Alibaba swings to first loss since going public

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Chinese ecommerce group Alibaba swung to its first quarterly loss since its US listing six years ago as a record fine levied by Beijing authorities weighed on its earnings.

On Thursday, a month after it was hit with a $2.8bn penalty for allegedly abusing its market dominance, the company reported a net loss of Rmb5.5bn ($836m) on Rmb187bn in revenues for the quarter from January to March.

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Revenues rose 64 per cent year on year, boosted by the acquisition of a supermarket chain last year, and came in ahead of analyst expectations.

“In the past fiscal year we’ve gone through all kinds of challenges, including the Covid-19 pandemic, fierce competition, as well as an anti-monopoly investigation,” said chief executive Daniel Zhang.

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Zhang said the company had accepted the record antitrust penalty “with sincerity” and would ensure future compliance “with determination”. He added it had helped them reflect on their “social responsibilities and commitments”.

Alibaba’s US listed shares rose more than 2 per cent in pre-market trading.

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China’s reigning ecommerce leader also outlined a large investment plan aimed at competing with upstart rivals such as Pinduoduo, which overtook Alibaba in annual shoppers at the end of last year, in part by offering them massive discounts. Alibaba has also invested in taking on rival Meituan in food delivery.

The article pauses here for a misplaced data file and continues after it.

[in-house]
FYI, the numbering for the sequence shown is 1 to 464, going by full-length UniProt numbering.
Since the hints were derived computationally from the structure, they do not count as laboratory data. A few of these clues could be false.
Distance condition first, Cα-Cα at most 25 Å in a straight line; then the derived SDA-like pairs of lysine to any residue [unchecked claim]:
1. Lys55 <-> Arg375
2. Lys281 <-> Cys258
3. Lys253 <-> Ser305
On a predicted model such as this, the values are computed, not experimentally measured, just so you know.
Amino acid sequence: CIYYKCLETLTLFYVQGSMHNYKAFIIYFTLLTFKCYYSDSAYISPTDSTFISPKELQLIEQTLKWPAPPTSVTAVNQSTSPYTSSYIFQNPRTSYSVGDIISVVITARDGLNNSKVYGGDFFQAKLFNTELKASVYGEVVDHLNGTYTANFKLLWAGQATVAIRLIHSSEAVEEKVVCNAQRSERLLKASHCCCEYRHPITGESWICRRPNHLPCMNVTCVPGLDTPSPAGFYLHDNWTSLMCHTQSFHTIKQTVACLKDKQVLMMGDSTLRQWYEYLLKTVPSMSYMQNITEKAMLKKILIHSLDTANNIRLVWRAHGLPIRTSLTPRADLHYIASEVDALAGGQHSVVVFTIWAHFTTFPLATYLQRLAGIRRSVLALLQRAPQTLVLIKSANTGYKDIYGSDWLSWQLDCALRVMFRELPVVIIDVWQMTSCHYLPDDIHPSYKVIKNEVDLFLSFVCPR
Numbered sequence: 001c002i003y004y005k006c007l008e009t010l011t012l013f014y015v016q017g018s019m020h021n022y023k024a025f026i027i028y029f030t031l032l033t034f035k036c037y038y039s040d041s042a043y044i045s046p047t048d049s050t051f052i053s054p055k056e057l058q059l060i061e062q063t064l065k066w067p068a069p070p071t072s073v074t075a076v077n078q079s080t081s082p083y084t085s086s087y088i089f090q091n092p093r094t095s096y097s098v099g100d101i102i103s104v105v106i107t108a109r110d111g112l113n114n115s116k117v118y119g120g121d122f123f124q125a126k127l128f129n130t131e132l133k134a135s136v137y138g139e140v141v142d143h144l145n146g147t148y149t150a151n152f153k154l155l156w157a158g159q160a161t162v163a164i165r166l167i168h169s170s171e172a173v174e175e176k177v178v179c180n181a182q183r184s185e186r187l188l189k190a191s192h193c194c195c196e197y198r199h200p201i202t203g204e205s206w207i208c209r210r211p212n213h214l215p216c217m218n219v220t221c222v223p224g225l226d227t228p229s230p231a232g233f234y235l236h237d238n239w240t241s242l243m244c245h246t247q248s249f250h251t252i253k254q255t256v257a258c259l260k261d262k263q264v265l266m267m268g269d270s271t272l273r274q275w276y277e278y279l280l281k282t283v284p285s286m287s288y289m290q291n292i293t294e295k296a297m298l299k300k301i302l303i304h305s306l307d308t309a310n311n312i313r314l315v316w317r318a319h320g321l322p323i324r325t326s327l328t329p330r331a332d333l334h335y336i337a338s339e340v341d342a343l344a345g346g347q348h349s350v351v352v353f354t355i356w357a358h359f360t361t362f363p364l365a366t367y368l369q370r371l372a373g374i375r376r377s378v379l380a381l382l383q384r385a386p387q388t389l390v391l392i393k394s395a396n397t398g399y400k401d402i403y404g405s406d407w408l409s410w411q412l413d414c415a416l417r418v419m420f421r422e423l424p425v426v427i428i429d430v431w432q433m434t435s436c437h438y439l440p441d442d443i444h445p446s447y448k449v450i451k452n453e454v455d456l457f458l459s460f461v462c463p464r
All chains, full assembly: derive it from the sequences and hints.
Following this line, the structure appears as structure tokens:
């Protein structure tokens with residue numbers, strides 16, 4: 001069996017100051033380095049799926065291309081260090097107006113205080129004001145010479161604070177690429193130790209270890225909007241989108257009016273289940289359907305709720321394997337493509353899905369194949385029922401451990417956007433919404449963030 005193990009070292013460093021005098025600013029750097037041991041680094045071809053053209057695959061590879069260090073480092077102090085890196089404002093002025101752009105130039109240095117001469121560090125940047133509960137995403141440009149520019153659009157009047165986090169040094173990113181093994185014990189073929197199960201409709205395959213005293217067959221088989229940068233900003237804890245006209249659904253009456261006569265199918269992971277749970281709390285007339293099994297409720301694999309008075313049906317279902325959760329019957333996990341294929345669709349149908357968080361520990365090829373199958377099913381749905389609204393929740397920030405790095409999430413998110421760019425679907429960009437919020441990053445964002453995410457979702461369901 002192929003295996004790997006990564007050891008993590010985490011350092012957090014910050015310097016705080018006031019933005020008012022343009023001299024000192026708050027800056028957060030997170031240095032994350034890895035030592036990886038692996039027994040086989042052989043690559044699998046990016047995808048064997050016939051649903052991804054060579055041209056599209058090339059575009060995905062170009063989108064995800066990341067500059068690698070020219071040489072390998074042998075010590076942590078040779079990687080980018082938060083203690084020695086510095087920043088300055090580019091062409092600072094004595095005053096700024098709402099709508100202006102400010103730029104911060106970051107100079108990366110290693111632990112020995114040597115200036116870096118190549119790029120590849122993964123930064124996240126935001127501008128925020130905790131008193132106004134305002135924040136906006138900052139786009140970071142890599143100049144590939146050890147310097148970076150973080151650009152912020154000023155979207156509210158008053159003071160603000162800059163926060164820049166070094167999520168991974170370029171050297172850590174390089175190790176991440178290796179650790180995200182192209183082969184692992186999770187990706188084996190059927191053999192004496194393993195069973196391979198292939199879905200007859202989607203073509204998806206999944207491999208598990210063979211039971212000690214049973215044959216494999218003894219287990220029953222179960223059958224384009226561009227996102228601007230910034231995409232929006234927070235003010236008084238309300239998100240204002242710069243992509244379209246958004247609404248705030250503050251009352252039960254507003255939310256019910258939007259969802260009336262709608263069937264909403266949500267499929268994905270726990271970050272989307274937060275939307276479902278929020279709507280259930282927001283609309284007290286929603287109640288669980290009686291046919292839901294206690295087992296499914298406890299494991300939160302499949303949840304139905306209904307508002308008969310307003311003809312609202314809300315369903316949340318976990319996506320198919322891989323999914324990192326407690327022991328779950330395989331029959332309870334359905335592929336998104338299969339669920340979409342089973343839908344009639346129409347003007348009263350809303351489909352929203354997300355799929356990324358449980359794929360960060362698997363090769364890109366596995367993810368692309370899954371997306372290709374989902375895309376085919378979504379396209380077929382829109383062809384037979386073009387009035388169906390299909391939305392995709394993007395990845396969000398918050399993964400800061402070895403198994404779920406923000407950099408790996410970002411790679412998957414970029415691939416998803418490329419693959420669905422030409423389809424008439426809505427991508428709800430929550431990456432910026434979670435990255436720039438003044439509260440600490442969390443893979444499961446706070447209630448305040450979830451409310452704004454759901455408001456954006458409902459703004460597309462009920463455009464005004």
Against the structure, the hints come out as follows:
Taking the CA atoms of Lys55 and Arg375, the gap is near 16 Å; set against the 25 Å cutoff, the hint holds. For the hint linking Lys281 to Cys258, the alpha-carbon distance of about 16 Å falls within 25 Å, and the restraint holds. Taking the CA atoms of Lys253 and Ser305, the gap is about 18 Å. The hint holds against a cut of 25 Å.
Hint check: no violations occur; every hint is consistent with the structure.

“We can see so many of our competitors are running huge losses and investing huge amounts . . . there is no reason for us not to be investing,” said chief financial officer Maggie Wu. 

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Alibaba said it would invest all of its incremental profits over the next 12 months to build out its technology platform, support its merchants and attract new customers. It expects revenue to exceed Rmb930bn during the period, up from Rmb717bn this past year. 

For the first quarter, sales picked up at Alibaba’s main ecommerce sites Taobao and Tmall, but growth in its cloud computing business slowed to a 37 per cent year-on-year rise as a key customer cut usage internationally. Alibaba did not disclose the customer’s name.

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Cloud is a key profit driver for foreign tech giants like Amazon and analysts had expected Alibaba to benefit as the business finally turned profitable last year.

Meanwhile, Alibaba’s results showed that its fintech arm, Ant Group, posted record profits in the fourth quarter of last year, the first indication of the condition of its business after Chinese authorities cancelled its $37bn initial public offering in early November.

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Ant earned an estimated Rmb21.8bn in profit during the quarter, with its listing suspension coming midway through the October to December period. Alibaba books one-third of Ant’s profit a quarter late. 

The fourth-quarter profit equalled Ant’s reported 2020 first-half profit and was an increase on the estimated Rmb14.5bn it earned in the third quarter.

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Still, the profit came before Chinese authorities forced a wide-ranging restructuring of the company that will shrink its business this year.

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